Interview with Cengiz Dervis

Cengiz Dervis is a former professional kickboxing and martial arts champion who, whilst competing, trained as an actor in London, Paris, New York and LA. Cengiz learned his craft by initially working in student films, fringe theatre and a number of award winning short films before moving onto feature films and TV. He is currently filming a US TV series called Knightfall which is shooting in Prague until December. 

Q1: Being offered a part in a US TV show must be a dream job for any actor.  Can you tell us about the audition process and what it was like when you were offered the part?

It’s certainly was a welcomed tick on my creative bucket list…

The auditions for key cast was facilitated by a legendary and really lovely casting director who’s been responsible for the Bond movies for the last twenty years along with a number of other outstanding projects. So when my UK agent called to say her office had contacted them to arrange to see me I was pretty excited and a tad nervous!

The audition process ran over a number of weeks and I was sent sides (scenes) to prepare / perform in the audition room. I was recalled a few times before finally being asked to attend a chemistry meeting with the key director for the series. The meeting went extremely well and a few days later my agent called delighted to inform me I’d received a firm offer to join the cast.

Q2: When did you first meet your fellow cast members and what were they like?

I was flown out to Prague for costume fitting, hair & make up test, horse riding and combat assessments and on this trip I met most of the key people in production and some of the cast.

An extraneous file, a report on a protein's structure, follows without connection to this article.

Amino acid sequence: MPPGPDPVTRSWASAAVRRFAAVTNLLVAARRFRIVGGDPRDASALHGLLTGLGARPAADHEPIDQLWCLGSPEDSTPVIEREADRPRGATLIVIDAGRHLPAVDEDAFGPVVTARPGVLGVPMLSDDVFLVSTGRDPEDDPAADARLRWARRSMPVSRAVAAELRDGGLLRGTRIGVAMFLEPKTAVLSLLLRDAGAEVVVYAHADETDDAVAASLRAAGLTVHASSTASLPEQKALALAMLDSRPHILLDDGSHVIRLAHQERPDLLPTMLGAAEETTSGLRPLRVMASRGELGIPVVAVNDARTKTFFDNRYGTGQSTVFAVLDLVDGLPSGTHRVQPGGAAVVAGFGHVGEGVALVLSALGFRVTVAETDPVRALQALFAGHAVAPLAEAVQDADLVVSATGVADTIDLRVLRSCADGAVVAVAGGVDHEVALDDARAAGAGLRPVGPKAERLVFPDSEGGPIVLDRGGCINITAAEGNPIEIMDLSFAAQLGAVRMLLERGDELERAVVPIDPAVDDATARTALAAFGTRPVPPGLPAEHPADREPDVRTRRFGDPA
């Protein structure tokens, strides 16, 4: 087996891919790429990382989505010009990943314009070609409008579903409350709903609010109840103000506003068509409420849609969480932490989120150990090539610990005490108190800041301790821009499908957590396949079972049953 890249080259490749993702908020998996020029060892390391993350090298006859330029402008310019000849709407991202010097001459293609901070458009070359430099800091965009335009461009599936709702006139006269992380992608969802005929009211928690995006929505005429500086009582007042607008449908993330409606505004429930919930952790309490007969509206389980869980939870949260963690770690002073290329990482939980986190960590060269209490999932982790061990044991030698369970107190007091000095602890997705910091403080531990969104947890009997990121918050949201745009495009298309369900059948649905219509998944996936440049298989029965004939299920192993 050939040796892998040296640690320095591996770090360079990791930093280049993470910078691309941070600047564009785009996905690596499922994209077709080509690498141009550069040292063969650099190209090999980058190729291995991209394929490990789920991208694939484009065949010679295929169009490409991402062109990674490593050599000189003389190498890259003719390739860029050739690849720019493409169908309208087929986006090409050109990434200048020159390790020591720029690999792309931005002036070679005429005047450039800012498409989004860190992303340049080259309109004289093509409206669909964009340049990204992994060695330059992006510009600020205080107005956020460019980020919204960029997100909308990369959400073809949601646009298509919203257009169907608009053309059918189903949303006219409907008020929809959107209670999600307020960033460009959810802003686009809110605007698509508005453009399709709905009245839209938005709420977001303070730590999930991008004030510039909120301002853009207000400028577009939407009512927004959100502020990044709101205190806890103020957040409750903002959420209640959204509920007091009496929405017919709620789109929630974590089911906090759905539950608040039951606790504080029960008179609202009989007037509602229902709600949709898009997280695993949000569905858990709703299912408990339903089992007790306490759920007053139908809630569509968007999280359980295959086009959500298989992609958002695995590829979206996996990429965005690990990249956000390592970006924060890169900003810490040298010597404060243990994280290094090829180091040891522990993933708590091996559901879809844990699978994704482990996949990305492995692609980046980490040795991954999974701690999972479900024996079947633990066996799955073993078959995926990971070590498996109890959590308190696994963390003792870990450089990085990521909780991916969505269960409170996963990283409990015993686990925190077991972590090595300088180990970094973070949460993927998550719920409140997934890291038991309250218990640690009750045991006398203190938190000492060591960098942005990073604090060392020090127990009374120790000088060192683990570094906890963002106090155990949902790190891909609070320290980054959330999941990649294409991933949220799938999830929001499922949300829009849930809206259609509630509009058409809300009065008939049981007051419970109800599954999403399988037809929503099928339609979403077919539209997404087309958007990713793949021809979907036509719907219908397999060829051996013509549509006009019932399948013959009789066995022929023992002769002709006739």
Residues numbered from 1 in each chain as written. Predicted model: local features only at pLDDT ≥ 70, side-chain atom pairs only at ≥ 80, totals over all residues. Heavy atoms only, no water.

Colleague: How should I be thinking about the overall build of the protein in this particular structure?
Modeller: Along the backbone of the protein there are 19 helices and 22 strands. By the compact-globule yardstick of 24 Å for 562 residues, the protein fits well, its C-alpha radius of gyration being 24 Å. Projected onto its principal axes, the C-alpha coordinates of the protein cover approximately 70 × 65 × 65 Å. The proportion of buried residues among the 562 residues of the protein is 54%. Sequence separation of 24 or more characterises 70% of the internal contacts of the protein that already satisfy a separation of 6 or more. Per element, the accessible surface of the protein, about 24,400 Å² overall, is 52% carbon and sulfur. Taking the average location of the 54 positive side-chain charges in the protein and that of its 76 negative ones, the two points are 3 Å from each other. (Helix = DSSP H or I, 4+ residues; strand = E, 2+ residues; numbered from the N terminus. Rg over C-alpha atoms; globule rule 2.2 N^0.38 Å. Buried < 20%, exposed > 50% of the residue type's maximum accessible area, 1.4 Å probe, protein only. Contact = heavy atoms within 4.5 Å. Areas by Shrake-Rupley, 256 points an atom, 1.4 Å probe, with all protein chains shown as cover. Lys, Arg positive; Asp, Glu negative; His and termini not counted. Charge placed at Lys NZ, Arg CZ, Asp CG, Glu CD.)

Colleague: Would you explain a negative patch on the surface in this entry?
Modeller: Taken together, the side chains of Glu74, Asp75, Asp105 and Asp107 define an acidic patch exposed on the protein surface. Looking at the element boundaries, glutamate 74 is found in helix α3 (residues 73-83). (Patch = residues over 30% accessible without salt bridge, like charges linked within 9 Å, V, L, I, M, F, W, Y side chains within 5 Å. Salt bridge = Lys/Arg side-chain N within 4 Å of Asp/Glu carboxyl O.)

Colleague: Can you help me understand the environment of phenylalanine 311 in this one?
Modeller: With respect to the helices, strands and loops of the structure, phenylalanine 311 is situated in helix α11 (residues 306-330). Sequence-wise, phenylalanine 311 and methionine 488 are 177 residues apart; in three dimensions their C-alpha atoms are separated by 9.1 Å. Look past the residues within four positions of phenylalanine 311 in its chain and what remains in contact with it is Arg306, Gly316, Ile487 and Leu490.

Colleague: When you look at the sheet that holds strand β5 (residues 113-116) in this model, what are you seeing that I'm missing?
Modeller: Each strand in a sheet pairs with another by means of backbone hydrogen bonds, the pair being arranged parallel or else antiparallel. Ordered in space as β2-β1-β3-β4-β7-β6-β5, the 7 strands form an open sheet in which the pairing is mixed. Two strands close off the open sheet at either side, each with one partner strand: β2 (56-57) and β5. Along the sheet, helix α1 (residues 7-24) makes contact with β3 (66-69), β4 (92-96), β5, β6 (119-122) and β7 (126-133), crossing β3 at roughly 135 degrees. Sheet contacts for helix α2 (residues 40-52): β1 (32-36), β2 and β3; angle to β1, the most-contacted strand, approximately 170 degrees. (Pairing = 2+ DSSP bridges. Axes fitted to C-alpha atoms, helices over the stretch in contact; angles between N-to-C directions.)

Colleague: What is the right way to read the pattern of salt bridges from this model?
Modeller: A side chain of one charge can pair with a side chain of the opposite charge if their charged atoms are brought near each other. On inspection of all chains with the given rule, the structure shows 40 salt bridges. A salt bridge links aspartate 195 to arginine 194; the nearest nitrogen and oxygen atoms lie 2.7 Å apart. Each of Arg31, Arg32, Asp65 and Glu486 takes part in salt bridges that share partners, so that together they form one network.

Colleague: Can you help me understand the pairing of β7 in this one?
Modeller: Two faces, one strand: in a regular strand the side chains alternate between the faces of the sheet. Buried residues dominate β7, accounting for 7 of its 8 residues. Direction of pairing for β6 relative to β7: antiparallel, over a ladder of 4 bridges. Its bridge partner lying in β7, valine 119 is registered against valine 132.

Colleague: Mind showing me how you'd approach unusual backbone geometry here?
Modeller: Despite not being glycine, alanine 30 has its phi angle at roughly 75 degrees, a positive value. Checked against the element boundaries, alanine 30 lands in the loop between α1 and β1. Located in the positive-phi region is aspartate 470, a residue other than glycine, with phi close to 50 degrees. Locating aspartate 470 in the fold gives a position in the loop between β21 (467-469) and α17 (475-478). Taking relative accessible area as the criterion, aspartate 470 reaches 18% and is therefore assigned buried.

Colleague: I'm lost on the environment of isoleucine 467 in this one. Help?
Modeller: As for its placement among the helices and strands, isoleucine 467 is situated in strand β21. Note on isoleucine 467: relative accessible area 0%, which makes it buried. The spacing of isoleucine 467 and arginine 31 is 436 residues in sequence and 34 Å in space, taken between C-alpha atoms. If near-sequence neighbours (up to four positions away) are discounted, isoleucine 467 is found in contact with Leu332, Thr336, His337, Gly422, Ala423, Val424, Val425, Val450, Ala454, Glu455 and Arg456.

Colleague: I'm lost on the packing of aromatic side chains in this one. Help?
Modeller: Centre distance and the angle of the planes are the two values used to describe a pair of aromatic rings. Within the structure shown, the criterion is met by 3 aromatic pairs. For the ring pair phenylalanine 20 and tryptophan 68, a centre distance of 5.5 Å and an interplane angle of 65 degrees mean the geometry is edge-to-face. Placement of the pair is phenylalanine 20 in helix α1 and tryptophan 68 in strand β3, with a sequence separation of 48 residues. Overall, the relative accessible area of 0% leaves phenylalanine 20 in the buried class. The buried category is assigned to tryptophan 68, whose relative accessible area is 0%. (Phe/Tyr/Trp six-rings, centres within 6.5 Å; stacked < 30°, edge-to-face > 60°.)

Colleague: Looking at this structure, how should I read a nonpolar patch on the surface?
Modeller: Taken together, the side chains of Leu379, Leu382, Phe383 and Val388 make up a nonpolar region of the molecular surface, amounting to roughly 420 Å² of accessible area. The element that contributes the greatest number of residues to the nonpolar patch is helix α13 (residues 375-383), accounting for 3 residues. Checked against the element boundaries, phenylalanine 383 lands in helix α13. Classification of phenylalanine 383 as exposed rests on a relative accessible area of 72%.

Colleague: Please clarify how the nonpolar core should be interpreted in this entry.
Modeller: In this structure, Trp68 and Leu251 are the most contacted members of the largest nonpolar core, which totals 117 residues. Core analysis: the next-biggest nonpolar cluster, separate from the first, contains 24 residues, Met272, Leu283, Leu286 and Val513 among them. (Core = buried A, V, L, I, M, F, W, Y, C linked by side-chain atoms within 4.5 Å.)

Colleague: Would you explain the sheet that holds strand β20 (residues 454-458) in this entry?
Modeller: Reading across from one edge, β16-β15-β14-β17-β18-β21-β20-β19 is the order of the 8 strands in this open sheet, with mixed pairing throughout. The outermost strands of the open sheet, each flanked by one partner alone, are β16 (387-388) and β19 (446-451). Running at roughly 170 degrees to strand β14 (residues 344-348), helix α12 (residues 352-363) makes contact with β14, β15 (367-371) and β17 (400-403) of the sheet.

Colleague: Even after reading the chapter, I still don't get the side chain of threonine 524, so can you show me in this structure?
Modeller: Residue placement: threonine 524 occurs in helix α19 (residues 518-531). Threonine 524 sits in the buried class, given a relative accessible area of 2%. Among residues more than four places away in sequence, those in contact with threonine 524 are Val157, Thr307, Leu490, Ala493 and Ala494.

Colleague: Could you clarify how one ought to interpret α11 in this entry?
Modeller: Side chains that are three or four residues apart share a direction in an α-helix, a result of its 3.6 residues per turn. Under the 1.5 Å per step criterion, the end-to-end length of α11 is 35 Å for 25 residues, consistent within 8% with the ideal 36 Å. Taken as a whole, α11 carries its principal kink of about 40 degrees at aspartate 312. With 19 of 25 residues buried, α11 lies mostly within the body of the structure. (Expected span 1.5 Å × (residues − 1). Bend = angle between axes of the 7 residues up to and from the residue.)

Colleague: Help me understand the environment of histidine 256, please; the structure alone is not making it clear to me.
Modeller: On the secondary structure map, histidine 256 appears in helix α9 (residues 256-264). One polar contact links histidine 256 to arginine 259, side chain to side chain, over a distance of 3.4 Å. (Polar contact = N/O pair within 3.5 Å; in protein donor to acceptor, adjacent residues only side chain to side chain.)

I then returned to Prague a week later for final fittings, a sword fight rehearsal and a production kick off party for all the cast, crew, writers, producers, show runner and key people from the US network. Absolutely everybody I’ve encountered on Knightfall has been a joy to work with and catering do an amazing job with our food!

Q3: We often remind our young actors at Dramacube how important it is to learn their lines thoroughly. What techniques did you use to learn your lines for your current role?

Personally I like to read the script through a few times without attaching myself to the role. The lines come last after I’m clear on the story and who I am in it. I then set to work learning my lines…

I like to write my lines out and then re-write them in my own words (“how would I say this”). I then put these aside and go back to the actual lines and I’m now fully connected. I think it’s also important to not just know your lines but be really aware of everyone’s lines / actions in the scenes your in.